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For the mountain biking discipline, see mountain biking.
BEO 2008 Slopestyle course.jpg
Looking downhill at slopestyle course.
Highest governing body International Ski Federation
Contact No
Team members Single competitors
Mixed gender Yes
Type Snowboarding, Freestyle skiing
Olympic 2014

Slopestyle is a winter sporting event where the goal is to perform the most difficult tricks while getting the highest altitude off jumps, with an emphasis on performing different types of tricks instead of doing one great trick repeatedly. It originated as a snowboarding competition format, but there are now many sports that are considered to have this style of competition, of which skiing and snowboarding are two of the most common.

Slopestyle is one of the most popular events at the Winter X Games. It became an Olympic event, in both skiing and snowboarding forms, at the 2014 Winter Olympics in Sochi, Russia.[1] The very first Olympic champions in Slopestyle Skiing were American Joss Christensen for the men and Canadian Dara Howell for the women.[2] [3] The first Olympic champions for the snowboarding Slopestyle were, both Americans, Sage Kotsenburg for the men and Jamie Anderson for the women.[4][5]


Twin-tip skis are used in slopestyle skiing and are particularly useful if the skier lands backwards. It helps athletes land backwards without catching their tail edges.


A slopestyle course has been described as impossible.[6]

Slopestyle snowboarding/skiing is performed on specially made trails at ski mountains. These trails, called "terrain parks" or "jib parks", are filled with various types of jumps and other obstacles. The goal of the snowboarder/skier is to use all of these to their advantage while riding down. One obstacle that can be found on most terrain parks is the jump, or "kicker." Jumps on a slopestyle course can be as big or small as needed, but most range from 20 to 80 feet long. This measurement is taken from the end of the face of the jump all the way to the tip of the landing. Another common obstacle in a terrain park is a rail or "jib". Rails come in all shapes and sizes, from long straight ones to rainbow shaped ones. Rails must be cared for extensively, as they must be waxed so that the skier/snow boarder does not "catch an edge" when they land on the rail. The snowboarder/skier tries to perform tricks onto or off the rail in combination with sliding the whole length of the rail.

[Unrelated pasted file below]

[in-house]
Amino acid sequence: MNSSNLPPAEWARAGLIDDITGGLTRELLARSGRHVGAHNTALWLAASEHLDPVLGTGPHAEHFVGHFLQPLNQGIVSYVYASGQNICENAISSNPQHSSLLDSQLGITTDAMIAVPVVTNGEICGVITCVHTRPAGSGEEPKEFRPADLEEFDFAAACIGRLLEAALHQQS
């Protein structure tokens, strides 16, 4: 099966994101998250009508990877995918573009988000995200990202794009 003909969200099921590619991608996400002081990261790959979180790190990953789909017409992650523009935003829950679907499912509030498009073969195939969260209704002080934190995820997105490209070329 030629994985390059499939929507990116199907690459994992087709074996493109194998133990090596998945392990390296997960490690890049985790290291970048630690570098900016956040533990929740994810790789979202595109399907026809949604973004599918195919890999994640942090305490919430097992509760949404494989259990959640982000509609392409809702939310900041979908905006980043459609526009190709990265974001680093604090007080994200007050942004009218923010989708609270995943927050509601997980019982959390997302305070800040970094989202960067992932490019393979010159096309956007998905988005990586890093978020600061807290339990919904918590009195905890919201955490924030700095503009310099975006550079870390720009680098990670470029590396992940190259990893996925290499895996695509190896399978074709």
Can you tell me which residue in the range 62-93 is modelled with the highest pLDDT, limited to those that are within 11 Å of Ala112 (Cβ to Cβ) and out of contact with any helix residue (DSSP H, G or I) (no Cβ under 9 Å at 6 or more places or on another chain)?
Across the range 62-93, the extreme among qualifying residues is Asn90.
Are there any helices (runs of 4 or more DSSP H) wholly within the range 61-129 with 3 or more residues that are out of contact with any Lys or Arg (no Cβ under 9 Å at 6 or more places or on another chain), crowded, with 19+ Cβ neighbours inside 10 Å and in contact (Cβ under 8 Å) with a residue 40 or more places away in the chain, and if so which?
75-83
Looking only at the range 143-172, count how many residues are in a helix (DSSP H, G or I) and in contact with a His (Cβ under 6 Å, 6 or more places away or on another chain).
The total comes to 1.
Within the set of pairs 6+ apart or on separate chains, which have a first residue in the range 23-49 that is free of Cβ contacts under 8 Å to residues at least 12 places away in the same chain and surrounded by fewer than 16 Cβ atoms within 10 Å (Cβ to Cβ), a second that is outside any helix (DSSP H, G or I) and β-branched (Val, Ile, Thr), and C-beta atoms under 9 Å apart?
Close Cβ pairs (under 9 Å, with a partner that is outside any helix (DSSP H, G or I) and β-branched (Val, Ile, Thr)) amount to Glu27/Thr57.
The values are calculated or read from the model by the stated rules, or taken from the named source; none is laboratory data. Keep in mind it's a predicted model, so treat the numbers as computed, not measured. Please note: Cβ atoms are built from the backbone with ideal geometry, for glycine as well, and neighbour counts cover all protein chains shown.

Similar to a rail is an obstacle called a box. Just as it sounds, a box is literally a wooden or metal box placed on the mountain whose top is covered with a slippery material. This allows snowboarders/skiers to ride onto the box and slide the length of it back onto the snow. Although these are the most popular features at a terrain park, other possible obstacles include buses buried in the snow, barrels stuck in the snow, naturally made obstacles like small cliffs, or rails called "joy sticks", where a sphere is mounted on top of a pole. The goal of this obstacle is to hit the sphere with the tips of your skis or poles while clearing it. Also, there are "table tops", where the rail takes the form of a wide box rail or a "picnic table". This obstacle usually has a wide base and a thinner box rail on both sides. Trees and obstacles shaped like mail boxes are also used as rails. There are also wall rides, which include near vertical walls on which riders can ride up and spin.

See also[edit]


External links[edit]

  • - The resource of information and knowledge on Freestyle Skiing, Ski Jumping, FIS World Ski Championships, FIS Leaders Seminar, FIS Ladies Seminar
  • FIS Freestyle News, Calendar, Rules and Results
  • - The official site of the Canadian Freestyle Ski Association. Your source for moguls, aerials, halfpipe and slopestyle skiing in Canada.
  • History of Freestyle - The history of freestyle skiing.
  • Freestyle Ski Disciplines - Freestyle skiing disciplines explained.